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6

There are two moves that could happen in your program: From the function to the return object. From the return object to model. Both of these moves can be elided by the compiler for the same reason: when a temporary class object that has not been bound to a reference (12.2) would be copied/moved to a class object with the same cv-unqualified type, ...


1

You are a "victim" of Return Value Optimization here. Note this: "In C++, it is particularly notable for being allowed to change the observable behaviour of the resulting program". EDIT: Hence, the compiler is allowed to apply the optimization, even though the side effects of the move-ctor (cout) have been changed.


0

i think this is what you call copy elision (i.e. prevent the copy of an object) and directly use it. See: copy elision: move constructor not called when using ternary expression in return statement?


7

The compiler is eliding the move construction and directly constructing X(3) into c, essentially turning your initialization into X c(3); With gcc, you can disable this using the -fno-elide-constructors switch. Once you add that, the output from your original example is as expected: Constructor Copy Constructor Move Live demo


0

The link from your question and Hinnant's answer both deal with the requirement placed by the standard on implementations of the standard library. There is nothing inherently wrong with a=std::move(a). If a is of class type T, the result of a=std::move(a) depends on the implementation of T. The standard allows the (standard)library implementations to make ...


2

You're violating the convention (which is a requirement for calls to library functions) that rvalue references do not alias. Howard Hinnant's answer, referred to in the question, contains the standard text and the application to self-move. Here's the practical result: It's both legal and common to implement move-assignment as: T& ...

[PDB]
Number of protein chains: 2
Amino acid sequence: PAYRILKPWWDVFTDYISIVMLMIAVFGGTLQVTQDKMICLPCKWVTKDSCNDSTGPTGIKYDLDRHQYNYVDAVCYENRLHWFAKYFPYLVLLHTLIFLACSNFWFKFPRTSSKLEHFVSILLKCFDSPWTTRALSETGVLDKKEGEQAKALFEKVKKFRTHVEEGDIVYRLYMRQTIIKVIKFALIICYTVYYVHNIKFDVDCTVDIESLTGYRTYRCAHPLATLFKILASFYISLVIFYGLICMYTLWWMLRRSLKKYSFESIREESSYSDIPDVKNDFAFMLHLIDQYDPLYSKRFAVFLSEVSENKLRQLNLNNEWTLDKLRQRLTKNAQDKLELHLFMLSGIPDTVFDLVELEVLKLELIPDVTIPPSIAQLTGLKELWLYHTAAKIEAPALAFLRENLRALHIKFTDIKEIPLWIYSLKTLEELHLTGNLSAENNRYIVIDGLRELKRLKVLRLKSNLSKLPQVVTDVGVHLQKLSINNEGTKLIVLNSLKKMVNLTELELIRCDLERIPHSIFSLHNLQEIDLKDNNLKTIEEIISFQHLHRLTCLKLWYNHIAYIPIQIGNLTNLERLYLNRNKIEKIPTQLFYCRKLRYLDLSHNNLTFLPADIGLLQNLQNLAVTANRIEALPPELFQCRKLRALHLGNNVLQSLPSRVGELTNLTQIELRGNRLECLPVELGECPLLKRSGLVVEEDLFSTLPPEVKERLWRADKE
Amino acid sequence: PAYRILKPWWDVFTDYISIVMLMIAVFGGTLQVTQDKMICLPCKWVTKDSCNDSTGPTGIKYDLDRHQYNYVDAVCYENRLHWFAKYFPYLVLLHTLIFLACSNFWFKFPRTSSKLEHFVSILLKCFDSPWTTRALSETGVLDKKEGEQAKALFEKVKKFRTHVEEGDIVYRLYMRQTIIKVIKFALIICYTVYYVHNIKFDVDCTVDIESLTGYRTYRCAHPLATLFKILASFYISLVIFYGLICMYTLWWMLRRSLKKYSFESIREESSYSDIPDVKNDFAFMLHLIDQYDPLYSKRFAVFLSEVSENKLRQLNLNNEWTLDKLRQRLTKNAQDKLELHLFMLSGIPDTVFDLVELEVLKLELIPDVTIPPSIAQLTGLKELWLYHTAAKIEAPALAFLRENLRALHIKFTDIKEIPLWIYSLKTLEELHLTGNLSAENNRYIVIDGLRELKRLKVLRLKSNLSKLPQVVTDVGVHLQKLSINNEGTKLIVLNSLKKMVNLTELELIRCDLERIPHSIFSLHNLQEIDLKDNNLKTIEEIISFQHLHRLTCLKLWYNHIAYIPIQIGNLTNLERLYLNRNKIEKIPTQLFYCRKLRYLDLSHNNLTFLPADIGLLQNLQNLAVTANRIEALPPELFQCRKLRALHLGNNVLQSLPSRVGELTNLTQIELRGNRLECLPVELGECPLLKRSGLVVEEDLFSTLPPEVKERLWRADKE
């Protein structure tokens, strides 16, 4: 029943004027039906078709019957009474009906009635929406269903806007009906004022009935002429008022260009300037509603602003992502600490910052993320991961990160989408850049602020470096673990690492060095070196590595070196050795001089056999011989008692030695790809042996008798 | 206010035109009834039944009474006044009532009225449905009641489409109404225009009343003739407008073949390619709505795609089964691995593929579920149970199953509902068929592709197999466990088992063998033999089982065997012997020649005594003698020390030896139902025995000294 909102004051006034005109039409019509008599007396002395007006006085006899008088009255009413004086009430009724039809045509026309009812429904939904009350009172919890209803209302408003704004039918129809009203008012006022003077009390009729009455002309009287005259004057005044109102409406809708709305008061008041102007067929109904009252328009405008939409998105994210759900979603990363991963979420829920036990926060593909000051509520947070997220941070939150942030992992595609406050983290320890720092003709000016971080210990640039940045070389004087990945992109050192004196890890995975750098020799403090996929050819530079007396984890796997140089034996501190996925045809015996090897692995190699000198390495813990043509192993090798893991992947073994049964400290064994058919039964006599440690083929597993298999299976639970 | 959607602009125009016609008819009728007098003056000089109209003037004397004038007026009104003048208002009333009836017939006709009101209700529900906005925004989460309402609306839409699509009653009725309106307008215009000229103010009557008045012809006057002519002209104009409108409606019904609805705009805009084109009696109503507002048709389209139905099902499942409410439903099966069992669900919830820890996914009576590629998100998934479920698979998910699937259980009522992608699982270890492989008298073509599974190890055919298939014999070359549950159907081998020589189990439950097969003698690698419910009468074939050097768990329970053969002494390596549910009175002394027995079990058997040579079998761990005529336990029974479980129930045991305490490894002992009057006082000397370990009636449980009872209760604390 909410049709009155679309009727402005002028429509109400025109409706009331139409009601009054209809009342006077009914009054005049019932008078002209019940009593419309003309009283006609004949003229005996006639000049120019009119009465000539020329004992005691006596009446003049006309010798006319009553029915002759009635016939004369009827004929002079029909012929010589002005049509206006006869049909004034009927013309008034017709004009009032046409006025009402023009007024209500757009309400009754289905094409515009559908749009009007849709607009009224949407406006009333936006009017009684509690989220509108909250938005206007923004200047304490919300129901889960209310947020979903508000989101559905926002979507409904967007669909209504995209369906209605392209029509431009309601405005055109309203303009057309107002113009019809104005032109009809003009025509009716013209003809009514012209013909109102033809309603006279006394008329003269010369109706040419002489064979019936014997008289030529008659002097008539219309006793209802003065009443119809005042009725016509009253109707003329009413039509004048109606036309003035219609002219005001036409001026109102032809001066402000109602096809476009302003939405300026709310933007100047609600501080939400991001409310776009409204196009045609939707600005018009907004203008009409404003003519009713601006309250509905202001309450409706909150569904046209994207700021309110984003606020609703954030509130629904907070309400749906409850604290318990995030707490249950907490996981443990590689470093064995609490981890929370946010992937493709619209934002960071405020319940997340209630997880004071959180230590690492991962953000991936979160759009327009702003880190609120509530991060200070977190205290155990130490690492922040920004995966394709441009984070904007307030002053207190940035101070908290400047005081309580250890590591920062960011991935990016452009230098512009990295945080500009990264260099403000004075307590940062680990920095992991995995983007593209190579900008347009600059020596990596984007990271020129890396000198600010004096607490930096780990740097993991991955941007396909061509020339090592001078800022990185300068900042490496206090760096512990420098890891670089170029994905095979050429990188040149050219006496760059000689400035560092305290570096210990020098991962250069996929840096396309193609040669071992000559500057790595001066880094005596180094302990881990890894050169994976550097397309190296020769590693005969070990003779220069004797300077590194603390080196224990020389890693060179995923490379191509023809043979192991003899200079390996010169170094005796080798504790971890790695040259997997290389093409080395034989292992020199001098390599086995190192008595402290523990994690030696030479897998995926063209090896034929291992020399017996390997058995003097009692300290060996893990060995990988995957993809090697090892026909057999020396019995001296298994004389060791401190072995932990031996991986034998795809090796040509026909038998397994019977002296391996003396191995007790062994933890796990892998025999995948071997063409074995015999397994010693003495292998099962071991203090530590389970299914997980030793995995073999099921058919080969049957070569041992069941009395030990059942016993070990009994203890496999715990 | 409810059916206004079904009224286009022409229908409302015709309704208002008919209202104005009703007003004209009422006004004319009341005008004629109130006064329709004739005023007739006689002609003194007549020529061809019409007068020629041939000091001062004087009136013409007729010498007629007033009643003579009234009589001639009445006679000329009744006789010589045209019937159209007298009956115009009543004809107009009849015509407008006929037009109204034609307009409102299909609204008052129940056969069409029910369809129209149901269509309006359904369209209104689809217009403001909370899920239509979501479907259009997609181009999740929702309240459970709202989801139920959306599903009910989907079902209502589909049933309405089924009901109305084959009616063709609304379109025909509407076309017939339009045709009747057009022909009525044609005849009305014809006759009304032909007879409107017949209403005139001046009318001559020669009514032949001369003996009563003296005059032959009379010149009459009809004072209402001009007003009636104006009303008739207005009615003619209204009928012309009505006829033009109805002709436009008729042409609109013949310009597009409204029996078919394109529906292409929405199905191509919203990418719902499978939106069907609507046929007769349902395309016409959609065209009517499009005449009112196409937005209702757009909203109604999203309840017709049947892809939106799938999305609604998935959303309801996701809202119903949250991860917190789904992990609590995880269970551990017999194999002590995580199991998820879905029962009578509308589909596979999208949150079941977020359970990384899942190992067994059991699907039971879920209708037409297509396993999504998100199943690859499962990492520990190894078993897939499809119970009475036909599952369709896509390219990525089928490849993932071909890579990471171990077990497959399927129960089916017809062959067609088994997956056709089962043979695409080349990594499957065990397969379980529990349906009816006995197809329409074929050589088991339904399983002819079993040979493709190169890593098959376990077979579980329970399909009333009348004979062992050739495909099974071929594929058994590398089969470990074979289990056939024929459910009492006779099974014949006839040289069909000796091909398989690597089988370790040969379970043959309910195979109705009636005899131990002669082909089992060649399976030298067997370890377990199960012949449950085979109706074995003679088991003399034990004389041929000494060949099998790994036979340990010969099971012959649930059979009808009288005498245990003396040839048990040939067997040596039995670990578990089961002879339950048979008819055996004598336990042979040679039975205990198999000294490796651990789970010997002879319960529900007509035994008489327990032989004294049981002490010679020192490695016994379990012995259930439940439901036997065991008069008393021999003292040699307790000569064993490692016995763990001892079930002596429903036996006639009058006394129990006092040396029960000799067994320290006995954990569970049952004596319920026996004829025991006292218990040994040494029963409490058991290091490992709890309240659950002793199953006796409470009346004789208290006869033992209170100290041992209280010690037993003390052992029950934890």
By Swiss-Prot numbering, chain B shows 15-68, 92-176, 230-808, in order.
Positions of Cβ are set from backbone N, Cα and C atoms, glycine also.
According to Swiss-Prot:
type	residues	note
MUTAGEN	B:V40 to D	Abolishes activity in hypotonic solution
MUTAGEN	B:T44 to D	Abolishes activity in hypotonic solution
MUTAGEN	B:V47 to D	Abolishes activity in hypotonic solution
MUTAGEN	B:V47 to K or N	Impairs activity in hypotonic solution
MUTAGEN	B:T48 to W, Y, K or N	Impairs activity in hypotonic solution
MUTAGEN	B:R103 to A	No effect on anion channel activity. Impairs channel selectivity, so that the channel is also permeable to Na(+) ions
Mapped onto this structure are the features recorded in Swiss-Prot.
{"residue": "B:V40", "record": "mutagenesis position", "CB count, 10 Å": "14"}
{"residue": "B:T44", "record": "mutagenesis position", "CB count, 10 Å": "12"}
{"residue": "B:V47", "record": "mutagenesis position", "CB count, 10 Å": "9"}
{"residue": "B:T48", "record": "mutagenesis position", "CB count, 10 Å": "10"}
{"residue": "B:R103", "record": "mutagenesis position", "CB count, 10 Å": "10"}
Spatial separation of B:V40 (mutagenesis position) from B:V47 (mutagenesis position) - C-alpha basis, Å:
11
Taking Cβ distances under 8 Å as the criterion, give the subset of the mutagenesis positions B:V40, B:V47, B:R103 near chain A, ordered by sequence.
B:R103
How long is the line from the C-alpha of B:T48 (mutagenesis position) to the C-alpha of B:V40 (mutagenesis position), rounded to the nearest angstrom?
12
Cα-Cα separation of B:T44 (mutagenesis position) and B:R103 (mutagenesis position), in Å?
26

2

Your function id2 does nothing, the code is equivalent to a = std::move(a); The answer from Howard Hinnant you linked explains that this is in itself not allowed. In layman's terms: The standard does not require self-move assignment to be supported. Thus an implementation of a move-assignment operator is not required to perform a test for self-assignment ...


0

This won't work as stated, because list.begin() has type const T *, and there is no way you can move from a constant object. The language designers probably made that so in order to allow initializer lists to contain for instance string constants, from which it would be inappropriate to move. However, if you are in a situation where you know that the ...


4

§17.6.4.9: Each of the following applies to all arguments to functions defined in the C++ standard library, unless explicitly stated otherwise. [...] If a function argument binds to an rvalue reference parameter, the implementation may assume that this parameter is a unique reference to this argument. [ Note: If the parameter is a generic ...


8

You can use reference collapsing and std::forward to forward the argument to the foo function: template <typename T> /* ... */ bar(T&& t) { foo(std::forward<T>(t)); } Please notice that your foo function will accept rvalues, constant lvalues and non-const lvalues. As an example, given: const int x = 456; int y = 123; then: ...


2

The C++ standard unfortunately does not have any special rule to resolve this particular ambiguity. The problem come from the fact that you are trying to overload on 2 different things: the type that the compiler is trying to convert to; and the kind of reference from which you are trying to convert from. By introducing proxy classes, you can split the ...


10

Nikos Athanasiou gave a good answer but I wanted to add this tool that I think is very useful. Here is a screenshot of Howard Hinnant's presentation "Everything You Ever Wanted To Know About Move Semantics (and then some)" from ACCU 2014 conference which I think is a very good reminder of the rules of automatic generation of special members: ...


4

data isn't already pointing at anything because this is the constructor. This is the first thing that happens when the object is created. When constructing this object, it takes ownership of that.data which was allocated by the other object. By assigning 0 to that.data, it ensures that the other object won't delete the data. Now this object is responsible ...